Whether I do the spears in the same way depends on whether I can do trellis stitch in such small spaces – each section of each spear. I know that the Thistle Thread Gentleman’s Cap students have had trouble doing trellis stitch in a very small area, so again, I’ll have to experiment. I’ll leave the frogging of the existing spears until after that.

I’m going to take the opportunity to learn Jacqui Carey’s version of Trellis stitch, which is different to the version that we are more familiar with. Unfortunately, I don’t think that I should show Jacqui’s stitch diagram here – I will show you my finished stitching, once I’ve done it.

I need to talk about why Sue and I think it’s trellis stitch, not detached buttonhole stitch as mentioned in the museum information on the piece. It doesn’t matter, in a way. I can already do detached buttonhole stitch quite happily. It’s a great opportunity to learn trellis stitch!

Thankyou, Sue. :-). Thankyou also to Mary, Kimberley and Louise for telling me where the original sampler was held – the V&A museum, Acc No T.131-1961.

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19 May 2012

Alison Cole (Goldwork and Stumpwork) Website- new kits and new look

A site that I've loved for many years

has an elegant new look, and Alison has released some lovely new kits. She often designs historically inspired pieces from the Jacobean period to William Morris, and her Or Nue insect range is just lovely! (I really want to do at least one!)

This is one piece that I particularly admire - a modern design of a signature Australian flower - the waratah.

Alison Cole - Goldwork Waratah
  "This waratah is worked in dimensional goldwork embroidery on a background of Colourstreams hand-dyed silk velvet - simply yummy!  This one is only small - approximately 10cm x 15cm and is padded with soft cotton and felt and embroidered in English purls and Japanese couching threads along with kid leather."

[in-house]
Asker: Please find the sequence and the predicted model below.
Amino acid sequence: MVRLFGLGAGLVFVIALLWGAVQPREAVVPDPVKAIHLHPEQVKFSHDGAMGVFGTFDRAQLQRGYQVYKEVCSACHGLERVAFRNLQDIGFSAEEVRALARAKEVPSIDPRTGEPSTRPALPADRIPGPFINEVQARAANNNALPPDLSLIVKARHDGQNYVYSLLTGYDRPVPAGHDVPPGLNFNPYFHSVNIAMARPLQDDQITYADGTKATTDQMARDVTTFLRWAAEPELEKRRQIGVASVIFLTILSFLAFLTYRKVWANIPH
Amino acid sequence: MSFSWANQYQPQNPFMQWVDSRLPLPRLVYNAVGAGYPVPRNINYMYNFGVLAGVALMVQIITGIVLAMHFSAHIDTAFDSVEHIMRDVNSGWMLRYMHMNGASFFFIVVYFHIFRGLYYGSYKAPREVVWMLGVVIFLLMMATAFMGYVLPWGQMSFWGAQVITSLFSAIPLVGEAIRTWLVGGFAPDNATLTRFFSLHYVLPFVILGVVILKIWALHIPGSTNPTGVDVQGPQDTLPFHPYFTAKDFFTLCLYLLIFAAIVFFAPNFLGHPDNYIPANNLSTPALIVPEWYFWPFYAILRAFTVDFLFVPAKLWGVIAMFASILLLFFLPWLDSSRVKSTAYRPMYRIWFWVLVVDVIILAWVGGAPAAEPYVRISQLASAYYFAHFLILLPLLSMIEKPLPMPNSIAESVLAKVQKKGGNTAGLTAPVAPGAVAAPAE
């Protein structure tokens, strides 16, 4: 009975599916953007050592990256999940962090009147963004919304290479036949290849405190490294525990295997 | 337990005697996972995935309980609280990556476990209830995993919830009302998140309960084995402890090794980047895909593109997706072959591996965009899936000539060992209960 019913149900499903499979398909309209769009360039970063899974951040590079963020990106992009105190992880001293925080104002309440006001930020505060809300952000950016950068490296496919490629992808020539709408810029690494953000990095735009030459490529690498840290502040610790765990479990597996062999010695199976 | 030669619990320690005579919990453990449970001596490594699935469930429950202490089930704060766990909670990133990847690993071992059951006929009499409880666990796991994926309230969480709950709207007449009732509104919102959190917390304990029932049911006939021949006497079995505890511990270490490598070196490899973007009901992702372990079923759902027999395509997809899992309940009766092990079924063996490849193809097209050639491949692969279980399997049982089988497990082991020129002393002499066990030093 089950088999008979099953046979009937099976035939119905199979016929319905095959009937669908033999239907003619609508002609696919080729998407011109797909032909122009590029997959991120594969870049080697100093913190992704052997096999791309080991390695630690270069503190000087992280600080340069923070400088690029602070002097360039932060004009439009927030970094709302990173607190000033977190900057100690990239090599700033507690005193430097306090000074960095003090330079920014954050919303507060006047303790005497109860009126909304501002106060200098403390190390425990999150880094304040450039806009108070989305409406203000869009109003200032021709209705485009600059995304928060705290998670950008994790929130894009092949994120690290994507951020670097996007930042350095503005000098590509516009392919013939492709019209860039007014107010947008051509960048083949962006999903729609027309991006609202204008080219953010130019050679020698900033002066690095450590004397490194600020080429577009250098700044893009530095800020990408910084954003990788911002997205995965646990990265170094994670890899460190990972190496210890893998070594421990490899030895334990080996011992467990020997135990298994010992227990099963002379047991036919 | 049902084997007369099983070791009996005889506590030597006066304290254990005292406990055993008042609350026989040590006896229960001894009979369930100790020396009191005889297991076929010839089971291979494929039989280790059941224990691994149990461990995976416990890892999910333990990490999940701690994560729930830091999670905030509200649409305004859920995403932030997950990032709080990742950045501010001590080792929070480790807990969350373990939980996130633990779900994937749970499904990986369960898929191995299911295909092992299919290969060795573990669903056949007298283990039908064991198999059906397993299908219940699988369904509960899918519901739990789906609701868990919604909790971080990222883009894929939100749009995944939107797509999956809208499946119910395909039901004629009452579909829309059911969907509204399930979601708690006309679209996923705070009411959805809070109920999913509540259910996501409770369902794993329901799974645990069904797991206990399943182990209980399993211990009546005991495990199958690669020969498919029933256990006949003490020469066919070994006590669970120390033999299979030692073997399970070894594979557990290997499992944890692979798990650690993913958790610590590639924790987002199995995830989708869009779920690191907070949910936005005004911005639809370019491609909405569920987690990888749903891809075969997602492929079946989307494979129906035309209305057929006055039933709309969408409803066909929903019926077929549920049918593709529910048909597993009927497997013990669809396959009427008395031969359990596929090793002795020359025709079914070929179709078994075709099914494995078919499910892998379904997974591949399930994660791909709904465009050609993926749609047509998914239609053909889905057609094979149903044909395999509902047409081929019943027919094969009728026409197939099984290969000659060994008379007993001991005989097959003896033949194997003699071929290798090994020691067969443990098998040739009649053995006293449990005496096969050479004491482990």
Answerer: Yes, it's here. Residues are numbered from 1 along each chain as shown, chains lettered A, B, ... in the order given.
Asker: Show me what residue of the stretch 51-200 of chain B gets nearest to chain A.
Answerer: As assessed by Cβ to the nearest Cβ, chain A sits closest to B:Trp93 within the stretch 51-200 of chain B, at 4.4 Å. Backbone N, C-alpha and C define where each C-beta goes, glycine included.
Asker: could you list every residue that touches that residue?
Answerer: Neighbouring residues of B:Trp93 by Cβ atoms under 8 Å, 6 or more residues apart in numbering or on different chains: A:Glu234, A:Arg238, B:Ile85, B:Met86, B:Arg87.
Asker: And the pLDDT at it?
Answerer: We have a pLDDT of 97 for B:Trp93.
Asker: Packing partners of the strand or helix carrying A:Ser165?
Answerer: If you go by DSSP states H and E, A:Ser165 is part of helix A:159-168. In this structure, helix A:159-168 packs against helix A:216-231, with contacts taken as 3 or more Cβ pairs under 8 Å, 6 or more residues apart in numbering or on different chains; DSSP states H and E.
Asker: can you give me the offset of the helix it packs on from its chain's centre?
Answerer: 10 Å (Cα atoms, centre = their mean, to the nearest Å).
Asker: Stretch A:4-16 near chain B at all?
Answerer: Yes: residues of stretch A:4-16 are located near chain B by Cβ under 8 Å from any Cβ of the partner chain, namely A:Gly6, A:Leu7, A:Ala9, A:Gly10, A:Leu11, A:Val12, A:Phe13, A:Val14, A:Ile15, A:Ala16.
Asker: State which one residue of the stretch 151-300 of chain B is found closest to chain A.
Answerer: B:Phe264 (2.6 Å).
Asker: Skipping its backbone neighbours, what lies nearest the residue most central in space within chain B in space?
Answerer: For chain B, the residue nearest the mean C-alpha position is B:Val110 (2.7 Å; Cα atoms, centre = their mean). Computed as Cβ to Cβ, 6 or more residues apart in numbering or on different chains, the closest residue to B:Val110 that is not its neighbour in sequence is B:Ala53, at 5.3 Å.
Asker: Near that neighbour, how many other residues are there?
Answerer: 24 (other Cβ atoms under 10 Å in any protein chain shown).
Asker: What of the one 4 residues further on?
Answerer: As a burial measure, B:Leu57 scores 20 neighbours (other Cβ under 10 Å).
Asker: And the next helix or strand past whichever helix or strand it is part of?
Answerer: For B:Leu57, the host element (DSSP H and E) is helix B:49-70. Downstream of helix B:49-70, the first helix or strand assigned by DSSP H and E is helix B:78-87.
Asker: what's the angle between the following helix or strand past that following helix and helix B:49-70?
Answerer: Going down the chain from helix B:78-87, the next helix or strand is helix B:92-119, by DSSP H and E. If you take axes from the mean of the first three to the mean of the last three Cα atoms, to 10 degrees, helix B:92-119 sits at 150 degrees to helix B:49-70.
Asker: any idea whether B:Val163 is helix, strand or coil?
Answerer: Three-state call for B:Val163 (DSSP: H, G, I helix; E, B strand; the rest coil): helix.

The kit is at
Click on the image to see a close up of the waratah.

Some comments on the new kits -
The stumpwork deer floral - lovely! The supplies mention "feathers" I think they are used in the flying insect up the top of the piece. Do you think I'm right? Close up at

It's very impressive that a kit of this standard has been released.
"Featuring only techniques used in traditional Stumpwork from the 17th Century, this piece is a delicious challenge for the experienced Embroiderer.
Worked in a variety of silks and English metal threads on a silk satin background, it features petit point slips, silk wrapped vellum and five variations of needle-lace among its many techniques."

Check out the lovely bee on the header of the Contact Me page! I love her use of the kid. It must have been hard to work - very shaped, and tiny pieces.



  :the berries on the sides - detached buttonhole stitch in red thread over kid?!? Pretty sure that's what it is. Love the scrolly vermicilli too.

:  I love the way the bettlewings are attached using that "V" of thread - using straight stitches as are traditionally looks relatively ugly in my opinion. You can't hide the stitches used to attach the wings, so making a feature of the way they are attached is a great idea!

And that's just the new kits! There are many many wonderful older ones - goldwork, stumpwork, or the two techniques combined. As you can see, Alison has many wonderful ideas, very solid techniques, and beautiful supplies. You can also buy patterns for some projects.

She also sells some unusual supplies. A great range of coloured kid leather, ...and would anyone like to try use some cane toad skin? (Cane toads are a big pest here in Australia - they were imported to the North in order to cut down on....grasshoppers I think. Now they are taking over the lower end of the ecosystem up there and the population is slowly travelling south, the rotten things!). She also has some vintage French metal sequins in gold and silver....

Have fun if you haven't looked at her site before :-)